Everyone makes mistakes, but as a small business it’s how you over come hurdles that can be the difference between success and failure.

“You get knocked down seven times? You stand up eight,” says Paul Smith, co-founder of Newcastle-based startup accelerator Ignite.

Paul is no stranger to taking a change of direction, and has had his fair share of new starts. He left his degree in astrophysics in the first year to work in radio. From there he joined a startup as a copywriter, and then went on to test the strength of online communities by ‘Twitchiking’ around the world in 30 days, relying only on the goodwill of strangers he connected with on Twitter. The resulting book was a “(very) modest best seller”.

At Ignite 100 he specialises in supporting early-stage technology teams with business plans involve building platforms and services for the web, cloud and mobile. Mentoring, in the words of one of his own alumni, “smart people who are stupid enough to think they can do it, but smart enough to try”.

Working with and around startups for seven years has given him a varied insight into what works, what doesn’t, and what hurdles small businesses can put in their own way in the first year. Here, he’s shared the most common he’s come across.

Don’t rush, take the time to get it right

“There’s an interesting contradiction in the industry now – there is so much experience and experience shared online and at events, but because the barriers to entry are so low, start-ups jump into developing ideas without doing the fundamentals, like customer conversations and validation.”

Don’t forget your customers, understand their needs not yours

“The most common mistake in the first year is asking the wrong questions. Most founders will bias any customer research by revealing their solution, instead of concentrating on the customer’s problems.

“For example, a key mistake I made was over-relying on beta-testers before launching a platform. After a time they stop acting like real-world users and customers – they have exclusive access and insight so they don’t act like normal people. It’s hard to make a call, but you need to cycle through testers.”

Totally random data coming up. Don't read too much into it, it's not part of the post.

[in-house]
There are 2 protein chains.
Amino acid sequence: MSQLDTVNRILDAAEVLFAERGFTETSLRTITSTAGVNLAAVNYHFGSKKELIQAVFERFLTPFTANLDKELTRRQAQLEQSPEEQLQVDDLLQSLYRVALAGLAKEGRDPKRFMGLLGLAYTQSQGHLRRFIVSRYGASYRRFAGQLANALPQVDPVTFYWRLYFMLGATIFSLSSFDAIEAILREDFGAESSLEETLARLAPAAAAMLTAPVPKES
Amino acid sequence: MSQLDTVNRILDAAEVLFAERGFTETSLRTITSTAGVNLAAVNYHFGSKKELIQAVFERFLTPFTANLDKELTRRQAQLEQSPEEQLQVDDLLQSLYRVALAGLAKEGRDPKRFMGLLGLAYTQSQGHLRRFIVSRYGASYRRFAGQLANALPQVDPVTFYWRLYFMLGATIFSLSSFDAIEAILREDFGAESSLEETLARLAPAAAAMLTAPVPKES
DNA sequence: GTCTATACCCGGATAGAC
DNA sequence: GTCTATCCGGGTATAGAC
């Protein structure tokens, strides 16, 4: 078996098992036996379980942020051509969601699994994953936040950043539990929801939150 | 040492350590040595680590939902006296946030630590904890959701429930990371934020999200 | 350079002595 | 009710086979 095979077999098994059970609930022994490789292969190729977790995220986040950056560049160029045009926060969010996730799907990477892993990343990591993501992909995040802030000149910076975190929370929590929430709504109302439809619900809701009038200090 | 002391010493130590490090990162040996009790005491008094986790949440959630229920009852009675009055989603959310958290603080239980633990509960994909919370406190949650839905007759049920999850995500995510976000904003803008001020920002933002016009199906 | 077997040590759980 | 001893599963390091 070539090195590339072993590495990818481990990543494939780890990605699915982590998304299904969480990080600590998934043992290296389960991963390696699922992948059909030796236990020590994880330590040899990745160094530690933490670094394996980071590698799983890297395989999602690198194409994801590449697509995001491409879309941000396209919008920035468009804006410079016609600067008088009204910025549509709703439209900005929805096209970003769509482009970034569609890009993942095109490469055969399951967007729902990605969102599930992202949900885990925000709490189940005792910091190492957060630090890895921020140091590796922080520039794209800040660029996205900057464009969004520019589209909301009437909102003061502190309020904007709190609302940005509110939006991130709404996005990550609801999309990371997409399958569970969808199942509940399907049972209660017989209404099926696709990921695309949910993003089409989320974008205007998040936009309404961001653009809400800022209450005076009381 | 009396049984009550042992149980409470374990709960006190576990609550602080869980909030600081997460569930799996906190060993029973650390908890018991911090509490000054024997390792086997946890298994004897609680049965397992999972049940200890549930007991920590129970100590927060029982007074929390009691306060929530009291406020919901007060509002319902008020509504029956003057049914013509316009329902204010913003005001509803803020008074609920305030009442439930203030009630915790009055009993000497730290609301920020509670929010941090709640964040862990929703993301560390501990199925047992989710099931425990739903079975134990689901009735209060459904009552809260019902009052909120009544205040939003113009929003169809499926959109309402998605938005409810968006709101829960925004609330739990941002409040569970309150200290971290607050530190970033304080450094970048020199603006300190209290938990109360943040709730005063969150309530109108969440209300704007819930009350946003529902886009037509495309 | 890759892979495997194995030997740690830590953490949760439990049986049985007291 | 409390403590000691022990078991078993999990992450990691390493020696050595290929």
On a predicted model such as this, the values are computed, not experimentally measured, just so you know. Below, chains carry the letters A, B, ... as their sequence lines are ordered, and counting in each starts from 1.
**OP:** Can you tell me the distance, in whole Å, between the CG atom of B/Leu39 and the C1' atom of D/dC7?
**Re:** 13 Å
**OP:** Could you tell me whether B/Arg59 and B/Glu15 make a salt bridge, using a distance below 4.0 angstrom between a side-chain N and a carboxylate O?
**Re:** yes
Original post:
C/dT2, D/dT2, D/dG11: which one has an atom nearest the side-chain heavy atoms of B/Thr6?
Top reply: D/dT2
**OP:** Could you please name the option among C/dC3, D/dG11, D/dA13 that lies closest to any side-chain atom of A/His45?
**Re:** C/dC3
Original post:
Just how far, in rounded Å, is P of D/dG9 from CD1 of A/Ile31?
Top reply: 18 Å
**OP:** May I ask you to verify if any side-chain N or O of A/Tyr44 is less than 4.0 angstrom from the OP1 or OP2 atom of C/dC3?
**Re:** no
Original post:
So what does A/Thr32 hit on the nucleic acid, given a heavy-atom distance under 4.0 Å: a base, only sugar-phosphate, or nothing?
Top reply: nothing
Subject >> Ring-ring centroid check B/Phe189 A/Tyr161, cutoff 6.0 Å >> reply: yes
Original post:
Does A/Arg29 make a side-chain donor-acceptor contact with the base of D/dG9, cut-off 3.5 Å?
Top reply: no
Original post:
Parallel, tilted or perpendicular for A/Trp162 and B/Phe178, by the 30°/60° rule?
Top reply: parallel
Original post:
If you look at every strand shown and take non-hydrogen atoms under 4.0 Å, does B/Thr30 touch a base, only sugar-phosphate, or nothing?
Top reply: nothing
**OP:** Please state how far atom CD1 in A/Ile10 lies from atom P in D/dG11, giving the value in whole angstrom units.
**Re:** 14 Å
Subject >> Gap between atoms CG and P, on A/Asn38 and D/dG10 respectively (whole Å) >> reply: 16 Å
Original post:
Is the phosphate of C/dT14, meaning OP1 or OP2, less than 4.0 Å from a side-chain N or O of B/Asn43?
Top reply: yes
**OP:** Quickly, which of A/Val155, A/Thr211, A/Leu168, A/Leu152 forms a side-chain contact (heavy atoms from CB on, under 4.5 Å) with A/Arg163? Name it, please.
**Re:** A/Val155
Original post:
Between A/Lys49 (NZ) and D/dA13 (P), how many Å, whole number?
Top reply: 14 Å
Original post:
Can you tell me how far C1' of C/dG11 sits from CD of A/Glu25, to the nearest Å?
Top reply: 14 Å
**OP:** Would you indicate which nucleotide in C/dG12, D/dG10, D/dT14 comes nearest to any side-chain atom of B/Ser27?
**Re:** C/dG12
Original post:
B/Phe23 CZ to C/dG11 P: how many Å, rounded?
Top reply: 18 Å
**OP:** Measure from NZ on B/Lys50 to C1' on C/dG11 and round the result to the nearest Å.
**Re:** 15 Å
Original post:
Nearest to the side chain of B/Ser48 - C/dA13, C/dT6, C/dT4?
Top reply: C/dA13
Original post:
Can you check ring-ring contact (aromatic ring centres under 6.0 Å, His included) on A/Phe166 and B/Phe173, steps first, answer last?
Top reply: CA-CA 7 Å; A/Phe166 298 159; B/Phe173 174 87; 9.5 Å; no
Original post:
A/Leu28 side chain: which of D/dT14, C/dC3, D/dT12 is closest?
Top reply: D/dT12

Don’t be rigid in your business plan

“I work with a company called Hassle.com – they’re an amazing team that help people find a trusted cleaner in 60 seconds, and manage that relationship and payment online. But they originally launched as a marketplace called Teddle that helped consumers find any professional offering a service that charged by the hour – tutors, hairdressers, gardeners, fitness trainers etc.

“The problem was their service had no focus; nobody was using it because consumers didn’t know what the brand stood for.

“The team was running out of money and a month from shutting down. But they looked at the data and saw that above all other services, people were trying to use their marketplace to find cleaners.

They relaunched within a month, focused on that one vertical, branded to Hassle.com and have never looked back – they’re now the biggest online platform for cleaners in the UK and Europe.”

Don’t do it alone but choose the right support

“I think it’s vital that the people supporting you at an early stage can do so with context. They understand the pains and trials of developing a product and validating assumptions in the real world. You need people supporting you who you can relate when things get hard – and they always get hard.

“There is a shortage of consistent coaching for early-stage teams; venture capitalists and investment angels will mostly only offer a one-off hit in the time it takes to drink a coffee; there’s an increasing trend of “consultants” offering their services for sweat equity that offer little value.

“Some teams need access to regular, no-strings advice and support but it doesn’t really exist at the moment – it’s something we’re trying to do something about at Ignite.”

Founded in 2011 by Colin Willis (Hotspur Capital), Jon Bradford (Techstars) and Paul Smith, Ignite 100 was originally planned to be a one-off, three month accelerator programme. Instead, Newcastle’s appetite for technology and collaboration saw Ignite grow into an independent co-working space and venue.

Now with operations in London and New York, Ignite operates one of Europe’s top accelerator programmes as well as one of the largest venues dedicated to early-stage technology start-ups. To find out more visit: http://ignite.io

Read more expert advice and examples from The School of Hard Knocks, including this piece from start-up Mastered on why they changed the focus of their entire business.

What mistakes have helped build your business? Let us know in the comments or via Twitter @HiscoxUK.